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JAMA. 1998 Nov 25;280(20):1774-6.

Cardiac actions of erythromycin: influence of female sex.

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Georgetown University Medical Center, Washington, DC 20007, USA.



Erythromycin is a widely used antibiotic that infrequently causes QT-prolongation and torsades de pointes cardiac arrhythmias. For antiarrhythmic drugs, women are at a higher risk for these cardiac arrhythmias, but few other classes of drugs have been studied.


To determine whether female sex is a risk factor for cardiac arrhythmias associated with erythromycin, and if this can be correlated with in vitro measurements of the QT-response to erythromycin in male and female rabbit hearts.


Food and Drug Administration (FDA) MEDWATCH database analysis and in vitro experiment.


Cardiac arrhythmia reports associated with erythromycin from 1970 until 1996 classified by patient sex and age, and effect of female sex on erythromycin-induced QT-prolongation in isolated perfused rabbit hearts.


We observed a sex difference in cardiac arrhythmias associated with administration of erythromycin. A total of 346 cases were found in the FDA database: 201 females (58%), 110 males (32%), and 35 unspecified (10%). Forty-nine were life-threatening ventricular arrhythmias and deaths directly related to intravenous erythromycin lactobionate: 33 women (67%) and 16 men (33%) (P=.03). During the same period, no sex imbalance was present in the prescription pattern for intravenous erythromycin lacobionate (men 47%, women 49%, unspecified 4%). Perfusion with erythromycin caused significantly greater QT-prolongation in female rabbit hearts (mean [SD], 11.8% [2.3%]) than in male hearts (6.9% [2.1%]; P = .03).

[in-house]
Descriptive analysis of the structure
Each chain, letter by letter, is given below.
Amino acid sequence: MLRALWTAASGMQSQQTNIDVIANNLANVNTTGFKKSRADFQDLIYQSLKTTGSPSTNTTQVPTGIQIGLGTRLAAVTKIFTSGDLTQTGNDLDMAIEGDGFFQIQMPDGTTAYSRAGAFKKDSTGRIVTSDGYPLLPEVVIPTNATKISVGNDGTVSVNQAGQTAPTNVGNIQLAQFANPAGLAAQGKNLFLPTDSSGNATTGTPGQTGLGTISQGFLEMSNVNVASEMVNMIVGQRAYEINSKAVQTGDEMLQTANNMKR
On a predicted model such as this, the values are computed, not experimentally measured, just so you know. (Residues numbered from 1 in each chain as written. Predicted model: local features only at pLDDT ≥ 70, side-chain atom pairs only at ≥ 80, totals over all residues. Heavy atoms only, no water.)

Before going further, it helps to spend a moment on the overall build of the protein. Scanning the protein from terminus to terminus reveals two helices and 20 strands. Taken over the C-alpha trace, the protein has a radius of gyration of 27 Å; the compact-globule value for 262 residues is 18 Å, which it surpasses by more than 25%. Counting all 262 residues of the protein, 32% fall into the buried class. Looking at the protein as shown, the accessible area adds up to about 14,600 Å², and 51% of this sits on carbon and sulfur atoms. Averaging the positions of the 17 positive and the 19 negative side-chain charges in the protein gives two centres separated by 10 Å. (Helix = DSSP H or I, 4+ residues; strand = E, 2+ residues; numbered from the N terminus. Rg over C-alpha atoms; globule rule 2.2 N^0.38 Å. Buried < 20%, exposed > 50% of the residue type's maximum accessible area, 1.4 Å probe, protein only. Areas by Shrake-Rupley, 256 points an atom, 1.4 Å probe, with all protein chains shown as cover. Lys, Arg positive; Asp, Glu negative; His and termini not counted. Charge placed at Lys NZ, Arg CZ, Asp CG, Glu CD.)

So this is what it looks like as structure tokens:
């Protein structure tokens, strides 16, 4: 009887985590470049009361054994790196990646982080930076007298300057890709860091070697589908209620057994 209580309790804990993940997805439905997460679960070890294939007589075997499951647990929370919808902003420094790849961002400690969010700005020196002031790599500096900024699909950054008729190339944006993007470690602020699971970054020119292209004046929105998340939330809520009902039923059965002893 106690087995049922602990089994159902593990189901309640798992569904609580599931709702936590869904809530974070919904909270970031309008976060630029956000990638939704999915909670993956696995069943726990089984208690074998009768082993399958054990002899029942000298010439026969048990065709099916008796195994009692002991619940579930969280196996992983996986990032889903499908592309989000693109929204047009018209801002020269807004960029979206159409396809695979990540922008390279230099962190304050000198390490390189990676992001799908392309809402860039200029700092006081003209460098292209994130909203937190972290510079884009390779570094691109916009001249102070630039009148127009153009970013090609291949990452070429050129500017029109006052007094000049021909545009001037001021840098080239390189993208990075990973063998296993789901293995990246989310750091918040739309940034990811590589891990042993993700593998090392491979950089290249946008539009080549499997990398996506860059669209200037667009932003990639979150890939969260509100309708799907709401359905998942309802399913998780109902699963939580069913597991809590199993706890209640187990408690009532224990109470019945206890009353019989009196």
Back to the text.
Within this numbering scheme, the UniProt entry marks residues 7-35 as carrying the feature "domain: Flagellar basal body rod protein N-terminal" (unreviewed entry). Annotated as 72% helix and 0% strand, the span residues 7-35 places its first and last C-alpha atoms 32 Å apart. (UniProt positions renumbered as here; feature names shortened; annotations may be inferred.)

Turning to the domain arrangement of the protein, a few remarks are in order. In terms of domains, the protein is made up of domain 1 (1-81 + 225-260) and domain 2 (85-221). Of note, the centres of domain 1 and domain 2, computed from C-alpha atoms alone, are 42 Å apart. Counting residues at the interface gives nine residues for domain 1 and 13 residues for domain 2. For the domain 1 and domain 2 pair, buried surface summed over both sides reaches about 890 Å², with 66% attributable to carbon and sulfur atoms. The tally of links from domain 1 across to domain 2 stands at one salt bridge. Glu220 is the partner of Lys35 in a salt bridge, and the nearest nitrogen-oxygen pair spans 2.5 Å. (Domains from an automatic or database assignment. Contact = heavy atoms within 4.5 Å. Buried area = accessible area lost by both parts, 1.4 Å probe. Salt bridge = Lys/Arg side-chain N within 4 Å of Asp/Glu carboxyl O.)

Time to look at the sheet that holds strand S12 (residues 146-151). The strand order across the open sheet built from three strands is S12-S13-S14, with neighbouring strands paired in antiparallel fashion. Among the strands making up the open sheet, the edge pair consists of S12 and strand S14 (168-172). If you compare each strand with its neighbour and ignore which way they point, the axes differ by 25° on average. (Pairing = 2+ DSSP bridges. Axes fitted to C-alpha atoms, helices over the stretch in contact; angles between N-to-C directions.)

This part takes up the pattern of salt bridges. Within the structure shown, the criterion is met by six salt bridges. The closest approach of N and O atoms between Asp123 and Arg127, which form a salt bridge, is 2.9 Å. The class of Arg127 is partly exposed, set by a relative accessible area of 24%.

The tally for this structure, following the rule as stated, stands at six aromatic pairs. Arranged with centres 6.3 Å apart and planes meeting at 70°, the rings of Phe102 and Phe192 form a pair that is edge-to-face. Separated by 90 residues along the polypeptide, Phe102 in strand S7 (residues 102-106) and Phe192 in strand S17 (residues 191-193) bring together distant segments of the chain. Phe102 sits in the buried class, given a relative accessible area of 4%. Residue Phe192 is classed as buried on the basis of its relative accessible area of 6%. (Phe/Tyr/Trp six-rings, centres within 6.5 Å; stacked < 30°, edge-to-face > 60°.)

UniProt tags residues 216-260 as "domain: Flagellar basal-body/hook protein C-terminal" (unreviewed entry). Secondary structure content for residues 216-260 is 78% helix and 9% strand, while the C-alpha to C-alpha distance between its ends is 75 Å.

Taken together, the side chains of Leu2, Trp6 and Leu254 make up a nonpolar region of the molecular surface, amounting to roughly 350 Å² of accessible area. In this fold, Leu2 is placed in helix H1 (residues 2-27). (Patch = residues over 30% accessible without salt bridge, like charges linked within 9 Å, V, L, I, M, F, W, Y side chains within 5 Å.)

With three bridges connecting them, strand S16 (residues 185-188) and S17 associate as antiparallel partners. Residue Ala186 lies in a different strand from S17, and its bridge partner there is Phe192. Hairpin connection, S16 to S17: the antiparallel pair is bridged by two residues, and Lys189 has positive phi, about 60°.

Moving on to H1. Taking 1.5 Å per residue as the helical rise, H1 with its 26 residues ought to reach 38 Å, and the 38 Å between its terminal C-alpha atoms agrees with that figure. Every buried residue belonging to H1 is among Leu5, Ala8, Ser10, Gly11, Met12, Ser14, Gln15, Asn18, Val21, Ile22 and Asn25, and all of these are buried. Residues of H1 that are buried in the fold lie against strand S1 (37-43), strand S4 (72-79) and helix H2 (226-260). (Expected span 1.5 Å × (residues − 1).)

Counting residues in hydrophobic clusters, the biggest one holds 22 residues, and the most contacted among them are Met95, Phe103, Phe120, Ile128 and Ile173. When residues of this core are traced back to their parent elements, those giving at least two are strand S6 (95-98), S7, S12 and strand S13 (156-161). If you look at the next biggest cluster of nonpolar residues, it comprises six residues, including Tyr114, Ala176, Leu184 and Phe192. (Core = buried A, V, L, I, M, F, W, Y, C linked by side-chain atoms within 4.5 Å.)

As has been shown in reports of antiarrhythmic drugs, we found a female predominance in the FDA reports of erythromycin-associated cardiac arrhythmias. Based on in vitro experiments, a sex difference in cardiac repolarization response to erythromycin is a potential contributing factor.

[Indexed for MEDLINE]

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